While continuing to move toward the back of the gunman’s car, the officer took a round through his left leg. That fifth bullet tore through his hamstring and exited right above knee.

A sixth bullet ripped through his right hip.

The bullet that hit the officer’s left leg took him down. As he fell, he managed to fire off two rounds.

The officer likened the sensation of getting shot to someone flicking his skin with snapping fingers — at first.

The pain soon set in. He got lightheaded.

He managed to stand up as he watched the shooter slowly drive away — “like he was going to the grocery store,” the officer said.

Seconds later, the officer’s backup arrived, skidding to a stop.

As the backup officer was processing what he was seeing — the officer propping himself up against the trunk of his patrol car, blood dripping onto the car and street — the wounded officer didn’t care about the fleeing suspect.

“All I thought of is, ‘I need to take care of my wounds. I’ve got to survive.’ At that second, I’m thinking of my safety and getting to the hospital and not about the bad guy.”

Illustration by Monica Edwards

Illustration by Monica Edwards


Losing consciousness, the wounded officer knew he couldn’t wait for an ambulance.

“I need to go to the hospital!” he yelled at his partner.

As he slumped into the passenger seat, the officer’s gun dropped to the floorboard.

He was too weak to hold it.

A former EMT, the officer’s medical training kicked in.

Realizing his long-sleeved shirt was soaked in blood, he used his left hand to put pressure on his axillary artery underneath his right armpit.

While he was doing that, the officer tried to use his right hand to fashion a makeshift tourniquet on his left left leg, using a hobble strap, which officers use to restrain unruly suspects.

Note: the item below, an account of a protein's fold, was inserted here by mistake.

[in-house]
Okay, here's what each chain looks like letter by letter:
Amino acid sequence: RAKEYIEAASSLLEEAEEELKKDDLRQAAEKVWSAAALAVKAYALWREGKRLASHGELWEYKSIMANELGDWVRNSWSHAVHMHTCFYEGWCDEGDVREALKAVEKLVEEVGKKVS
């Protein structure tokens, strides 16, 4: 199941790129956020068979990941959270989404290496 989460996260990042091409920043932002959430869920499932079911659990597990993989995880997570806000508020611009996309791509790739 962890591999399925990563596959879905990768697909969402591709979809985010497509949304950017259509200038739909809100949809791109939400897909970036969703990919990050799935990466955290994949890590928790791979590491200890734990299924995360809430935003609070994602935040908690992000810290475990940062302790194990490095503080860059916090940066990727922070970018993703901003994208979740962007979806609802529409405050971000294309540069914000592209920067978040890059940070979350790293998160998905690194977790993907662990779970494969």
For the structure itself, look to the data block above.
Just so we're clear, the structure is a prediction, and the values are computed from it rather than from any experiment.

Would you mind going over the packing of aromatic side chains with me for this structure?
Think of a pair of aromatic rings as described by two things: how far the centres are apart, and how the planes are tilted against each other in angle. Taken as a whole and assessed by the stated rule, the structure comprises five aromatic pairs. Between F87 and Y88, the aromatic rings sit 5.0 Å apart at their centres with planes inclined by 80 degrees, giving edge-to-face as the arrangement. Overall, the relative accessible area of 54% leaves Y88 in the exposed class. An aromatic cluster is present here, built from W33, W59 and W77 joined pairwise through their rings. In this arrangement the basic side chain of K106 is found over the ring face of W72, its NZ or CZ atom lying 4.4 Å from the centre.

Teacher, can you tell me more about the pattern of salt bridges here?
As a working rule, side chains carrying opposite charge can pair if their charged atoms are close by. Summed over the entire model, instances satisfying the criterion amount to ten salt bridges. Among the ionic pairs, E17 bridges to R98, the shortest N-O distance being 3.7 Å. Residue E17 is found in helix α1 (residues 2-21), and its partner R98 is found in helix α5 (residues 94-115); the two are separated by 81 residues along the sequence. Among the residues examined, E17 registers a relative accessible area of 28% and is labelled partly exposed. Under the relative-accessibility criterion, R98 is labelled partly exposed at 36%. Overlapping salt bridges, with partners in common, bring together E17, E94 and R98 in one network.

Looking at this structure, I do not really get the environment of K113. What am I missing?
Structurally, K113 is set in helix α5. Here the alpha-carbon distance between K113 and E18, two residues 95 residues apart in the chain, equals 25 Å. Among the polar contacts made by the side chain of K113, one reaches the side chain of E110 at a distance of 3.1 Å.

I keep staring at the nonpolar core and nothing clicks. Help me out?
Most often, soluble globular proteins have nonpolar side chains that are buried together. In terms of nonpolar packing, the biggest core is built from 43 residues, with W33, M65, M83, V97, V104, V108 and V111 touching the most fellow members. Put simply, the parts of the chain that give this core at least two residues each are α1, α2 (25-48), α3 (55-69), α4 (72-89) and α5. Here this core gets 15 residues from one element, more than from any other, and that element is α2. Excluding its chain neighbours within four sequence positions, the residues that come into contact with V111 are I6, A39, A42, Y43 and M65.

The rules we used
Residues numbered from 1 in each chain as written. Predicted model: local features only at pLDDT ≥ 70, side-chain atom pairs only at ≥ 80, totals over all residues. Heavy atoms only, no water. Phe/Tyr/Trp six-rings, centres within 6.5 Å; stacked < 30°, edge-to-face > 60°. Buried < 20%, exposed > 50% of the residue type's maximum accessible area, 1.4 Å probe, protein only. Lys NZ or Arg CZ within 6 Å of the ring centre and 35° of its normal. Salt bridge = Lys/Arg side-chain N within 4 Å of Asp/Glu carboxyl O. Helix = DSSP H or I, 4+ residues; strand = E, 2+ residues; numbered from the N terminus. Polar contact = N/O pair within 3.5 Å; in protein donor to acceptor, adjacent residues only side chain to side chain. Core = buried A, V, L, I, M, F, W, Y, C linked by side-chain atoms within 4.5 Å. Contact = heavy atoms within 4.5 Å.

His partner, driving, remained focused on getting him to the hospital.

“He thought I was going to die in his car,” the officer said.

The officer knew he needed to get to a trauma center, but the immediate priority was to stop the bleeding.

The trauma center was several miles away, so the officer’s partner drove him about two miles to a local hospital.

“Those were the longest two miles of my life,” the officer said.

The officer didn’t want to be put under as doctors flushed out his wounds and bandaged him.

“I was afraid if I was put to sleep I wasn’t going to wake up.”

An ambulance then rushed him to the trauma center.

During that ride, the officer made a video call from his mobile phone.

His wife saw him calmly tell her he had been shot and to get to the hospital.

“I wanted her to see my face so she wouldn’t panic as much,” the officer said.

Before hanging up, the officer’s wife showed him their sleeping 18-month-old.